Most of the cookies that we use are called “session cookies”, which are deleted automatically at the end of your session on our website. Other cookies will remain on your terminal until you delete them. These cookies help us to recognize your browser during your next visit to our website.

You can set up your browser so that you are notified about the location of cookies and allow cookies on a case-by-case basis. You can accept cookies in certain situations or rule out and automatically delete them when you close your browser.

Please note that the functionality of this website can be limited when cookies are disabled.

Server Log

This site provider automatically gathers and stores information, that your browser automatically transmits to us, in the server log.

Information stored by the server log include:

  • Browser type/browser version
  • Operating system
  • Referrer URL
  • Hostname of the accessing computer
  • Time of the server request

These data cannot be delegated to any individuals. These data are not combined with data from other data sources. Subsequently, we reserve the right to review these data if we become aware of any concrete allegations of unauthorized use.

Contact form

If you send us your enquiries via the contact form, your details including the contact information you have provided will be stored for to process the enquiry and in the event of any subsequent queries. We will not forward this data without your permission.

Privacy Policy for the use of Google Analytics

This website uses functions from the web analysis service Google Analytics. The provider is Google Inc. 1600 Amphitheatre Parkway Mountain View, CA 94043, USA. Google Analytics uses so-called cookies. These are text files that are stored on your computer that enable an analysis of your use of the website. The information generated by the cookies about your use of this website is usually sent to a Google server in the USA and stored there.

If IP anonymisation is activated on this website, your IP address will be shortened in advance by Google within member states of the European Union or in other contracting states to the European Economic Area. The full IP address will only be transmitted to a Google server in the USA and shortened there in exceptions. Google will use this information on behalf of the user of this website to evaluate your use of the website, compile reports about website activities, and provide further services associated with website use and internet use to the website provider. The IP address transmitted within the scope of Google Analytics from your browser will not be brought together with other data by Google.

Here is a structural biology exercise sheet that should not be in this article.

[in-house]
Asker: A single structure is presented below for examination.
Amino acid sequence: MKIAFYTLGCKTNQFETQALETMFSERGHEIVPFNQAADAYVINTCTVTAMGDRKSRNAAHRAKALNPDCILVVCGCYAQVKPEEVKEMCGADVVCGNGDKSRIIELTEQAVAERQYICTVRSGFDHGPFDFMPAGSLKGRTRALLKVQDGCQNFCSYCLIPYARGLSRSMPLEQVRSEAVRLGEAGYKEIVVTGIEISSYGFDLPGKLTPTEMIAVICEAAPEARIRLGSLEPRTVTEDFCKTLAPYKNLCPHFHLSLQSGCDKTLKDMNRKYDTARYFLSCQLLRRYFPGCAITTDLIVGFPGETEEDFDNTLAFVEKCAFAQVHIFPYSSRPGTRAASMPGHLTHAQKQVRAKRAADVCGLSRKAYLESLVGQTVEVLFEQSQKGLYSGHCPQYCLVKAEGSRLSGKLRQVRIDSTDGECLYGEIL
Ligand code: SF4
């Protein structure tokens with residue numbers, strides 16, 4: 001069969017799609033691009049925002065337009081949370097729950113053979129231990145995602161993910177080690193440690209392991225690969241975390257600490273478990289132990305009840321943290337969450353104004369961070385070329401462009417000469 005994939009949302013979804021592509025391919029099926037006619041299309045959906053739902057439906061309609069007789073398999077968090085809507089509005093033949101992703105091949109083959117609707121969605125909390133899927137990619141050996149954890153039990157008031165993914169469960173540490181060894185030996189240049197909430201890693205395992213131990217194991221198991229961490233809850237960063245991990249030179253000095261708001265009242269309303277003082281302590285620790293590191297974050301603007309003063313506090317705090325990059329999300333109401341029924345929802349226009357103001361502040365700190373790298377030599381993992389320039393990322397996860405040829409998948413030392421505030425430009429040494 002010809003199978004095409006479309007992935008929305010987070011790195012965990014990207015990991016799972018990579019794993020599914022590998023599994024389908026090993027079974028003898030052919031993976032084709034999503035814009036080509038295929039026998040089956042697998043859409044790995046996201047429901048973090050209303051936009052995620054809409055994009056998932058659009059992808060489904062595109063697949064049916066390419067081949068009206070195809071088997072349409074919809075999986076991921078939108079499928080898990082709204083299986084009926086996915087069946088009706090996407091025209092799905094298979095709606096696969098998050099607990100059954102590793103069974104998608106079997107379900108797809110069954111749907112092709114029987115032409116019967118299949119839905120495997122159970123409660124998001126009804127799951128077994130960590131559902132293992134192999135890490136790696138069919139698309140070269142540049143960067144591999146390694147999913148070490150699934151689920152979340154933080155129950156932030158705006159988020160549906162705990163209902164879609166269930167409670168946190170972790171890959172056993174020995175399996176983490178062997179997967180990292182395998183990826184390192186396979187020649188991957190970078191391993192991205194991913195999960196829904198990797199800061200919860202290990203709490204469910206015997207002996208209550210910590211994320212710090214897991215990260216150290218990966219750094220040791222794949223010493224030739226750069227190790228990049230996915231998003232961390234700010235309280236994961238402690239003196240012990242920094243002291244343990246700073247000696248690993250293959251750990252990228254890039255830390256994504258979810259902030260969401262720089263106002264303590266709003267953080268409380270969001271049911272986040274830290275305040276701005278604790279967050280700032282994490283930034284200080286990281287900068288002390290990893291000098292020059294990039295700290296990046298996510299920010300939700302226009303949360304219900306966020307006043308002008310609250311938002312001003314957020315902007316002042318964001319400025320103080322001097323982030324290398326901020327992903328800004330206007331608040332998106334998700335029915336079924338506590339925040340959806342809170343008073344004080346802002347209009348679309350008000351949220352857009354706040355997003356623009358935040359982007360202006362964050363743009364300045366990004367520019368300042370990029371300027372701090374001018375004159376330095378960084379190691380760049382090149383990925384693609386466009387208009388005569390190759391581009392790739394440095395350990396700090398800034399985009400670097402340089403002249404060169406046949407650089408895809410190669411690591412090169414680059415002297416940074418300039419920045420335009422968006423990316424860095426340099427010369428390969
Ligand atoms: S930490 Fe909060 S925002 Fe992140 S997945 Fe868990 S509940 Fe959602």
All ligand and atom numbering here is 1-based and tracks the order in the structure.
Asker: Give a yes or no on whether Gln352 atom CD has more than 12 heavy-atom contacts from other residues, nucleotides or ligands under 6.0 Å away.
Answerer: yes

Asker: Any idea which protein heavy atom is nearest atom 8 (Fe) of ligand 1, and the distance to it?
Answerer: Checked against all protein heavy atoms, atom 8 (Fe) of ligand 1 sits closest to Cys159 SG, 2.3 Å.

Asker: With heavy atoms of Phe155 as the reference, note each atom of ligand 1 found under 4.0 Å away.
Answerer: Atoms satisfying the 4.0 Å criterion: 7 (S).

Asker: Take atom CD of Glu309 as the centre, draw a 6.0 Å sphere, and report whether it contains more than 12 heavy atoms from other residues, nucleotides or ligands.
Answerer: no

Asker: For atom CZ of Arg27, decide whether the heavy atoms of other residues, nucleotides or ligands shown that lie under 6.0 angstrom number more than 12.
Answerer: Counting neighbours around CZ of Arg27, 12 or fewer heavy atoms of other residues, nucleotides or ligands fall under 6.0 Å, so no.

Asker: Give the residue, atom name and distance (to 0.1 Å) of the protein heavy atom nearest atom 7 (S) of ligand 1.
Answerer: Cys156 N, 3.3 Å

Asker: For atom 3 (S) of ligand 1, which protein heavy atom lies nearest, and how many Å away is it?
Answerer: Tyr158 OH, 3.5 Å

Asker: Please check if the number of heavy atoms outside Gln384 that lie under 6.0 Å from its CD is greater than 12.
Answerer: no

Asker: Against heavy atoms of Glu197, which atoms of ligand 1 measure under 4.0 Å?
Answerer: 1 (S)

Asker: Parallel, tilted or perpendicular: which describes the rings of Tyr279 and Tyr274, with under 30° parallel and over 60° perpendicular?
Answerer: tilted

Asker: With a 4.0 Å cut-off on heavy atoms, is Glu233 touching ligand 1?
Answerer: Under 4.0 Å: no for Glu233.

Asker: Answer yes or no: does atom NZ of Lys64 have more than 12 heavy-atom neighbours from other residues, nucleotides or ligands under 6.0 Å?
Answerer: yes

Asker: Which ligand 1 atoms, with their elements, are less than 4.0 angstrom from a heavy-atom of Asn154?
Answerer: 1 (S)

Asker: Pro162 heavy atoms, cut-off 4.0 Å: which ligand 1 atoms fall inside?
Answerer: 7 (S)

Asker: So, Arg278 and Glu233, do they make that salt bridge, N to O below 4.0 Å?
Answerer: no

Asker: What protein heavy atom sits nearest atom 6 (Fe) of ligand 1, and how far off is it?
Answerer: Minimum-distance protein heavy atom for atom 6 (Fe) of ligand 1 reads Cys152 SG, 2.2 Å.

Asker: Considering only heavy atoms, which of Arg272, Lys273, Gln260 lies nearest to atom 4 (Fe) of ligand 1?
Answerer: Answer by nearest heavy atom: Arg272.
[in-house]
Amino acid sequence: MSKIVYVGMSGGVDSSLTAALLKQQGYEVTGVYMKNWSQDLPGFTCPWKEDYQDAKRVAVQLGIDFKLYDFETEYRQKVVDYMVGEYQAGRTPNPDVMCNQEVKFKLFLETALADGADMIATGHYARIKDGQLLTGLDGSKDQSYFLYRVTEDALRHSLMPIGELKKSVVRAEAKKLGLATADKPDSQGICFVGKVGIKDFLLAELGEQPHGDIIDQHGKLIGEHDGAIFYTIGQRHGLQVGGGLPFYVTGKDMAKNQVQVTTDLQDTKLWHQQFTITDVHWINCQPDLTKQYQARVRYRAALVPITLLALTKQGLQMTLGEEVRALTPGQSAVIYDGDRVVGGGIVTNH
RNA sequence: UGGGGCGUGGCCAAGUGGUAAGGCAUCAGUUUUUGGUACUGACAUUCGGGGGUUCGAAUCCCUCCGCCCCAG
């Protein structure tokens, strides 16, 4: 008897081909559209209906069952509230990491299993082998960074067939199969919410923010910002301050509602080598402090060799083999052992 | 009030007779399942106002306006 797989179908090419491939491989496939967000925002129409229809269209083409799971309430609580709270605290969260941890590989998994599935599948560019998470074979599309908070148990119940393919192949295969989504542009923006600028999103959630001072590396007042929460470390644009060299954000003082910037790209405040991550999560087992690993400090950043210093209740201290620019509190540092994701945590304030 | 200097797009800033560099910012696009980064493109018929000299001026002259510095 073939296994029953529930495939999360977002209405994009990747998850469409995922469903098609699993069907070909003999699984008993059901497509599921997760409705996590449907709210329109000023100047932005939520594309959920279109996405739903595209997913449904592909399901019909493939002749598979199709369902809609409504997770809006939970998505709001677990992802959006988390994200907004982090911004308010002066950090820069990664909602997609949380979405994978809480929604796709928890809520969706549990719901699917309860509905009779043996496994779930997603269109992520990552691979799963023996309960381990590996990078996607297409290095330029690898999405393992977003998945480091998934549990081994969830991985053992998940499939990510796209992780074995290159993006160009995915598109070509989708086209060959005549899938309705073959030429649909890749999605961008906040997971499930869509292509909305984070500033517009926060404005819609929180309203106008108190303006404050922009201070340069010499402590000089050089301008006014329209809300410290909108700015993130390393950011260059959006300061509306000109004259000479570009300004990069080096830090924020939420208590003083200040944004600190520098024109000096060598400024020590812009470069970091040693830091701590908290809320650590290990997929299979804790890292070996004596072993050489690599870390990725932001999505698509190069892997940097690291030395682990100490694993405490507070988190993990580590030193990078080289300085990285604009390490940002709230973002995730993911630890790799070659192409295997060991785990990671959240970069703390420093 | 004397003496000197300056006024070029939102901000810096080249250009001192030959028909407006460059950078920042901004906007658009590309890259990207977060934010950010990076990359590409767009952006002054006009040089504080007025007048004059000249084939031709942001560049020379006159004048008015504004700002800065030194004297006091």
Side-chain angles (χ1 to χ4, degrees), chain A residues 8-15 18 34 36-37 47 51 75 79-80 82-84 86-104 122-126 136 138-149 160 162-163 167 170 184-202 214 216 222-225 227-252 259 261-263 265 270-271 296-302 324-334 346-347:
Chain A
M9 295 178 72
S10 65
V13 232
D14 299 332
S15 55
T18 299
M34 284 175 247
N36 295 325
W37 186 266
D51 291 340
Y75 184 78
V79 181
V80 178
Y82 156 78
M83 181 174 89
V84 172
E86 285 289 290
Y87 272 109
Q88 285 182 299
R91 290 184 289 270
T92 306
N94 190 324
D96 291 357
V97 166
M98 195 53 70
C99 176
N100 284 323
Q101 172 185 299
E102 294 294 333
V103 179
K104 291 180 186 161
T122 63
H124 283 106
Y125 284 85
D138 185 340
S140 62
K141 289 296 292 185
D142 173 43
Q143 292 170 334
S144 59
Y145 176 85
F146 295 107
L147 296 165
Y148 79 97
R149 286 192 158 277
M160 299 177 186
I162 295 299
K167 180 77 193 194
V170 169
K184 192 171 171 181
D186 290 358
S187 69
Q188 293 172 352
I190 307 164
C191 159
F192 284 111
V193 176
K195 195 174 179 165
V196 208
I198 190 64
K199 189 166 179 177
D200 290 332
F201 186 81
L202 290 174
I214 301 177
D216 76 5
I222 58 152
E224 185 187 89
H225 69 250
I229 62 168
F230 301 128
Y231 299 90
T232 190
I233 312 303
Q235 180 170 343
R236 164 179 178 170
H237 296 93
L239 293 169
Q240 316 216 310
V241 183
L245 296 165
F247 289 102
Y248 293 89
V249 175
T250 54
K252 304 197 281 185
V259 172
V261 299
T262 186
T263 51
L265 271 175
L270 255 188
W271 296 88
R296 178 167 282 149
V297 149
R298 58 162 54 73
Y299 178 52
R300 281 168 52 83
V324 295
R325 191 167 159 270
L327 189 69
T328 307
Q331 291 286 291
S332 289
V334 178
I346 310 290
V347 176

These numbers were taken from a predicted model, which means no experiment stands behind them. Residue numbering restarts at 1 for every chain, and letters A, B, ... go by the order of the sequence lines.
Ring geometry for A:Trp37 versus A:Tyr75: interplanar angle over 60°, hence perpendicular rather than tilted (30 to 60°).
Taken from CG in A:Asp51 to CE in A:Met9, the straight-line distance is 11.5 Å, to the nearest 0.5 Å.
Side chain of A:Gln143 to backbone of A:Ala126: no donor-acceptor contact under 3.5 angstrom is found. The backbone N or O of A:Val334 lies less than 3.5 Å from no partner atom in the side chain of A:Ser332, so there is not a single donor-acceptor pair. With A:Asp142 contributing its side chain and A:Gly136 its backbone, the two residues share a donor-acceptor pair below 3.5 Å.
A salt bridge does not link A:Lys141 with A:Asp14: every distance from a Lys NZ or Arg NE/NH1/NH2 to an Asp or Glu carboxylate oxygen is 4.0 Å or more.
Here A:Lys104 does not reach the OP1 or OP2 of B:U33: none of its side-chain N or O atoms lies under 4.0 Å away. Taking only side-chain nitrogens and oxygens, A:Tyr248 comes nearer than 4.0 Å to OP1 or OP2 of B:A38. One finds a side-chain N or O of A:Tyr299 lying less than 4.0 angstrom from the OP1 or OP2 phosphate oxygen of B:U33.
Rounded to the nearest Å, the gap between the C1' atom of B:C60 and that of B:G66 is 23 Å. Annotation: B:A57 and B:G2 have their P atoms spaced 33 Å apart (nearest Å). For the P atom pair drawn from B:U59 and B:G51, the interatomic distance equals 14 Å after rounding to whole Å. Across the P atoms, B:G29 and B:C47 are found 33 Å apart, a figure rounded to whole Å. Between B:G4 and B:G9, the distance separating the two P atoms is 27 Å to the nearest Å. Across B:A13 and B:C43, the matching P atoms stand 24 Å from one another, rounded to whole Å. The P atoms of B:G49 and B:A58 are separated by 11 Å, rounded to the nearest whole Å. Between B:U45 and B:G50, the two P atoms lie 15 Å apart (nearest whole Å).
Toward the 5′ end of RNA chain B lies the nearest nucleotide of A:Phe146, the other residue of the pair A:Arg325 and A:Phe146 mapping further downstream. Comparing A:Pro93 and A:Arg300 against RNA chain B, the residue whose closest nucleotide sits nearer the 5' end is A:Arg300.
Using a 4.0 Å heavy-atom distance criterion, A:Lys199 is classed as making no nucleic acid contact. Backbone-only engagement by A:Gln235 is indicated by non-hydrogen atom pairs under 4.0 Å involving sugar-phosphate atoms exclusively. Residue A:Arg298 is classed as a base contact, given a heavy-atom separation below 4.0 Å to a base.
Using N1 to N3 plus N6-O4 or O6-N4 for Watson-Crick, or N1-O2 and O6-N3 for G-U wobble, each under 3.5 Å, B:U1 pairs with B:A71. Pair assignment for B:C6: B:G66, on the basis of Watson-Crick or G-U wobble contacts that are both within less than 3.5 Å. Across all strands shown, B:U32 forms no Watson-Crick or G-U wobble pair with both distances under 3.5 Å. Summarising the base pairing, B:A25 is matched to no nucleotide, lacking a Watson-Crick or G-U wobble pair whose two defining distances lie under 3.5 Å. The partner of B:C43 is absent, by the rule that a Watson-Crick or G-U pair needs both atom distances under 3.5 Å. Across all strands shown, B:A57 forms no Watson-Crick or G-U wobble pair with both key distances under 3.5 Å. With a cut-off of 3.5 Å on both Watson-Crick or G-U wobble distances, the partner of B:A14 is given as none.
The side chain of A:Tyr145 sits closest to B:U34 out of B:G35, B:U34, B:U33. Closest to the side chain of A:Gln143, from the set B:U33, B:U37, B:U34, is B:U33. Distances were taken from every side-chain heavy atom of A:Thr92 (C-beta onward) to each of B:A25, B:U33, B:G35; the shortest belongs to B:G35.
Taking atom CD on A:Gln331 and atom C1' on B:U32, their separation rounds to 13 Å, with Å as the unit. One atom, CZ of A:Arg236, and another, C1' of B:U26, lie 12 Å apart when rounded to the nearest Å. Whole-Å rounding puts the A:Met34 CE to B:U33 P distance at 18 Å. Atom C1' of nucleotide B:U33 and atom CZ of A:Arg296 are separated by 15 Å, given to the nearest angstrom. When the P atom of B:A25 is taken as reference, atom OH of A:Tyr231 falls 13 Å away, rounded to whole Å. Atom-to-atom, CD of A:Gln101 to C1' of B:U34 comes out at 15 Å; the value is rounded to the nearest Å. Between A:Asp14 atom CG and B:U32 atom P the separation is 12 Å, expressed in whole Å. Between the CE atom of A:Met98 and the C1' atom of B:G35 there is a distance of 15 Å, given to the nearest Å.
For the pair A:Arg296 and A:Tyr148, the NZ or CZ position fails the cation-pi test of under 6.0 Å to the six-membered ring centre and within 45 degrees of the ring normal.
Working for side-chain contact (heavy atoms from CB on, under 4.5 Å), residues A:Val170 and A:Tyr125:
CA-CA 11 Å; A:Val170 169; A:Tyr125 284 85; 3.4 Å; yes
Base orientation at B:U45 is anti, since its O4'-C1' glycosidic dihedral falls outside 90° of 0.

You can prevent the storage of cookies by setting your browser software accordingly; however, we must point out that in this case, you may not be able to use all the functions of this website in full. Furthermore, you can prevent the recording of the data generated by the cookie relating to your use of the website (including your IP address) by Google and the processing of this data by Google by downloading and installing the browser plugin available on the following link:

Privacy Policy for the use of Facebook plugins (like button)

Plugins from the social network Facebook, provider Facebook Inc. 1 Hacker Way, Menlo Park, California 94025, USA, are integrated on our site. You will recognise Facebook-Plugins from the Facebook logo or the “Like button” on our site. You will find an overview of Facebook-Plugins here:

When you visit our site, a direct connection will be made between your browser and the Facebook server via the plugin. Facebook receives the information that you have visited our site with your IP address in this way. When you click on the Facebook “Like button” while you are logged on to your Facebook account, you can link the contents of our site to your Facebook profile. As a result, Facebook will allocate the visit to our site to your user account. We must point out that as the provider of the site we have no knowledge of the contents of the data transmitted nor of its use by Facebook. You will find further information on this in the Facebook Privacy Policy on:

If you do not want Facebook to be able to allocate our site to your Facebook user account, please log out from your Facebook user account.

Information, Deletion, Blocking

You have the right at any time to free of charge information about the personal data stored about you, its origin, and recipients and the purpose of data processing as well as the right to correct, block or delete this data.

Objection to Advertising Emails

We hereby object to the use of the contact details published within the scope of the obligation to publish an imprint to send advertising and information material not explicitly requested by us. The operator of this site reserves the right to take legal steps in the event of the unsolicited sending of advertising information, such as through spam emails.


If you have any further questions or require further information about data protection, please contact our Data Protection Officer.

Asia Research Partners LLP

Anubhav Raj
B-1/I-1, 2nd Floor, Mohan Co-operative Industrial Area
Delhi-110044, India
+91 011 410525239